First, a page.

Some drugs are known to be socially accepted because people think they are not ‘really’ addictions. The challenge of changing perceptions is to notice how it impacts social relationships and a person’s life, including mental and physical health. Find out what some of the more socially ‘accepted’ addictions are and how to combat against them.

Wine is Alcohol

A misconception is floating around that wine is not ‘as alcoholic,’ or even that alcoholic to be lumped in with other drinks. It is, nonetheless, an alcoholic drink, which can cause side effects like intoxication, which can lead to wine addiction. The prevailing attitude toward wine is that is more sophisticated and ‘bourgeois’ than other alcoholic beverages like:

  • Beer
  • Lager
  • Whiskey
  • Tequila

This misconception has led people to look at it as a less expensive alternative drink. After all, it is even used in religious ceremonies, including weddings, and has a romanticized view among connoisseurs. The same can be said for ‘craft brews,’ but it still has not faced the stigma of other alcoholic beverages. This dangerous view can leave people at risk for drinking too much without realizing it.

Turning Work into Wine

People do not have to drink or use drugs to have an addiction. There are some socially accepted conditions people exist in that keep people locked into addiction. Some signs of turning work into wine and making it an addiction:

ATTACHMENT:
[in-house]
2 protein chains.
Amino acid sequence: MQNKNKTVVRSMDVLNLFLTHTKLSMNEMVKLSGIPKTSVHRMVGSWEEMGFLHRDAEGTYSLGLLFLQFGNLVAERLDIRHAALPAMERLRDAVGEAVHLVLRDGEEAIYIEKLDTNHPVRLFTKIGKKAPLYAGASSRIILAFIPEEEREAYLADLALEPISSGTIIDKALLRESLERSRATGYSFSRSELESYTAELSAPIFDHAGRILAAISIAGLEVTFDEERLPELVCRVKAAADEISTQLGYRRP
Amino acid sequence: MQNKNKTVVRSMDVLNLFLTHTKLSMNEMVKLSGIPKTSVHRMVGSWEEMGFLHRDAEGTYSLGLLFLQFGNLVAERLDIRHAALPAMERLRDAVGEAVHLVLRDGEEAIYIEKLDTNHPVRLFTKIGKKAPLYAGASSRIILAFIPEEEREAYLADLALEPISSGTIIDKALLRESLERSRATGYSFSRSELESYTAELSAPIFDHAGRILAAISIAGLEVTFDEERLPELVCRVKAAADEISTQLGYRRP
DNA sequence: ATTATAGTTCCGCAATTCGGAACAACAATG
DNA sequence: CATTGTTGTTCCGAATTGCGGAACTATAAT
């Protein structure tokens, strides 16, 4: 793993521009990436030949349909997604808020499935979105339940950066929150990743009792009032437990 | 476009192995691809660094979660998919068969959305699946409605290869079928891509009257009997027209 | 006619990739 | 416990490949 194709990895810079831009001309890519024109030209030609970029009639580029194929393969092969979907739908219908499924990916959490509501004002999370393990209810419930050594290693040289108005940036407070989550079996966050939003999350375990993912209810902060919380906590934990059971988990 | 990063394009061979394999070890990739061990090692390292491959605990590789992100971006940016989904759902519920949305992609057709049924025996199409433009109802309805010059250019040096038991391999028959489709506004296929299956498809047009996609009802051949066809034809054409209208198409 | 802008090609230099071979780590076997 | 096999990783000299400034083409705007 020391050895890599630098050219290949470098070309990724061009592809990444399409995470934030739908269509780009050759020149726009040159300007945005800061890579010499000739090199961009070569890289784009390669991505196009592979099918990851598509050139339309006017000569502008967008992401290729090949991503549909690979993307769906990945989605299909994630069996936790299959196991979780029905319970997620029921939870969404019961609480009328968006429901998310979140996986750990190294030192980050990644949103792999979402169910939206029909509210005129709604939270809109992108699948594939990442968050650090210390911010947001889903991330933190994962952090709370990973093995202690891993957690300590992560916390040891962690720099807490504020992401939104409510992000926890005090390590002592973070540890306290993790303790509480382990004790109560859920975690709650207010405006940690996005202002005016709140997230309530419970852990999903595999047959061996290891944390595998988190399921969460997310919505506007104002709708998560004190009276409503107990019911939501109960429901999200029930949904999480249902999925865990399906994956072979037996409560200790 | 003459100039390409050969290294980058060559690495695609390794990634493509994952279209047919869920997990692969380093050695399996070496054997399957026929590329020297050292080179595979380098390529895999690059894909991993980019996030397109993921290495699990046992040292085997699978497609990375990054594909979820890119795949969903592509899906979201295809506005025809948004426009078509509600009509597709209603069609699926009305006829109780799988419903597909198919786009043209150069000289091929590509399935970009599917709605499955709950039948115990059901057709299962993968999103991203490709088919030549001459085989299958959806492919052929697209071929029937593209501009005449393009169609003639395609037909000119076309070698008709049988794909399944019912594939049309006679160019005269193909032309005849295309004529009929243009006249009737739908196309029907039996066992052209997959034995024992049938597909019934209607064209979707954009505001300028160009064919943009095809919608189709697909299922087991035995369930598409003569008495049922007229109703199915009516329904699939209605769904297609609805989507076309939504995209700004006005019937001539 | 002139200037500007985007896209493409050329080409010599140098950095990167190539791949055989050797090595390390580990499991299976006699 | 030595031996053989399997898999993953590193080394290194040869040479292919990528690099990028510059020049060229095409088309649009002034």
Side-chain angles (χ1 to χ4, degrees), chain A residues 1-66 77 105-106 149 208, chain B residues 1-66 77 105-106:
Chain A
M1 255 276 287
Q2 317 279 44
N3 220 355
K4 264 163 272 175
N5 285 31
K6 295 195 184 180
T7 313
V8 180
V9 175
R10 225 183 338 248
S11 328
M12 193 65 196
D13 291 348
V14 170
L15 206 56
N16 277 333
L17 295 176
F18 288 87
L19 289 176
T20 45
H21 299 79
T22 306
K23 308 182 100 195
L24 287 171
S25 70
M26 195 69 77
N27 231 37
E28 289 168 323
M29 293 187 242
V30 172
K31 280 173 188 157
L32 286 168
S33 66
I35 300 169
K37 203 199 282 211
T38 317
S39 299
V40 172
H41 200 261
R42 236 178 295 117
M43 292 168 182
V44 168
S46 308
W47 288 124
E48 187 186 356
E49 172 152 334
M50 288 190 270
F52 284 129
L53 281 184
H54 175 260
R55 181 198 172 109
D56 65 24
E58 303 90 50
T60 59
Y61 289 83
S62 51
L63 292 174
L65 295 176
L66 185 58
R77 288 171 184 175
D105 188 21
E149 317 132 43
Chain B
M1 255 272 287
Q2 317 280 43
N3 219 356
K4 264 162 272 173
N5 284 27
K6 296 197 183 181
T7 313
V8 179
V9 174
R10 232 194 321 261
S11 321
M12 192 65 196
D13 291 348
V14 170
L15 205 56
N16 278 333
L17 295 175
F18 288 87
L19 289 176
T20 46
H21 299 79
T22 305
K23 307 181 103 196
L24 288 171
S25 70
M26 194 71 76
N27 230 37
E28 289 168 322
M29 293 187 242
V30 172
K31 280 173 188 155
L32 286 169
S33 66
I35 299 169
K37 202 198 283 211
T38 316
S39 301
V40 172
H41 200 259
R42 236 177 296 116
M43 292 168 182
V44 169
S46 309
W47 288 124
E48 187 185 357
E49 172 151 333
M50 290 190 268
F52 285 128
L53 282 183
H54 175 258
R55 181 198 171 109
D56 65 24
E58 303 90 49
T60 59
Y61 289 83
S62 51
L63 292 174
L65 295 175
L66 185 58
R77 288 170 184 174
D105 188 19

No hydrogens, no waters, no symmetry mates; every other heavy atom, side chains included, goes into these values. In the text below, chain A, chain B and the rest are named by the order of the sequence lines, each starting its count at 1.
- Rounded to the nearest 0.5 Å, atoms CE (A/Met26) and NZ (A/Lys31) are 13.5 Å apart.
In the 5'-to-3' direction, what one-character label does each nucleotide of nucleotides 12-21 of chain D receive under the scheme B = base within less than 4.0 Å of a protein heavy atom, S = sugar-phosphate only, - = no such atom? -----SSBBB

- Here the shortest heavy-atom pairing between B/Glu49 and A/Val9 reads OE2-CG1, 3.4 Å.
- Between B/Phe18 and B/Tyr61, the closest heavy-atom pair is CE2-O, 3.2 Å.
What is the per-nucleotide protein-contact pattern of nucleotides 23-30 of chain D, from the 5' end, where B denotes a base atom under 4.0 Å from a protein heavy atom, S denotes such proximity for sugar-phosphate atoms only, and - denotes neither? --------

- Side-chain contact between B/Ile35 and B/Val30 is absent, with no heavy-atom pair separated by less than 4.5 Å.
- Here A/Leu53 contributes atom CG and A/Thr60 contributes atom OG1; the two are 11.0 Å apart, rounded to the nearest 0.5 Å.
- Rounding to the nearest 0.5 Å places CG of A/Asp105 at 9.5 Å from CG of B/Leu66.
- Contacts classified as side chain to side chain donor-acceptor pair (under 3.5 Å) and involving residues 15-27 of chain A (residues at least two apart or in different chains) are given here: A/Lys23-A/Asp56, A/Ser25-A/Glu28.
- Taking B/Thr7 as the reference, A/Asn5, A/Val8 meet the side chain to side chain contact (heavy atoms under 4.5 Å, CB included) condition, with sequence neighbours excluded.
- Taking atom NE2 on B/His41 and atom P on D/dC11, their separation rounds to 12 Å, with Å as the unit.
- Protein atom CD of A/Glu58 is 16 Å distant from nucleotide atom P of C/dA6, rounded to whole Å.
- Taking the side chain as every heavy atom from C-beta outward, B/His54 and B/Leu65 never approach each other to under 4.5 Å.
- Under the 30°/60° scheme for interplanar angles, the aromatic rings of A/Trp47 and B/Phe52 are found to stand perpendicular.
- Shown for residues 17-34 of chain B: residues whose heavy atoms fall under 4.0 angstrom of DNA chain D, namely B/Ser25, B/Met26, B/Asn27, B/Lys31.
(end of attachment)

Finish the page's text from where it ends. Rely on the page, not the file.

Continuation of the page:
• Spending more time at work than home
  • Going in on weekends and evenings to work
  • Missing family events or experiences for work
  • Friends and family call you a workaholic
  • Losing sleep or friends due to working so much

Work addiction is real and can spiral out of control quickly. To get harmony back in one’s life, it helps to get some other hobbies and focus on stepping away from work more to focus on health.


Exercising too much, whether to lose weight, or burn off stress, can become addictive quickly. The common thread among all addictions is that they interfere with daily life. Drawing parallels between exercise habits and addictions can be difficult because it is hard to admit a problem exists. Obsessing over exercise can lead to severe body image issues, and fuel unhealthy eating habits.

Admitting an addiction is not easy but it is the best thing to do for overall health and wellness. Even if it doesn’t feel like addiction, if it is affecting your quality of life, or that of a loved one, it may be time to seek help.

Springboard Center’s addiction treatment programs can help you figure out what is going on in your life that is not working for you, even if you are uncertain yourself. Perhaps you know how you got here, perhaps not. We will help you sort it all out and find your healthy pathway out of addiction to recovery. Call us to find out more: 432-620-0255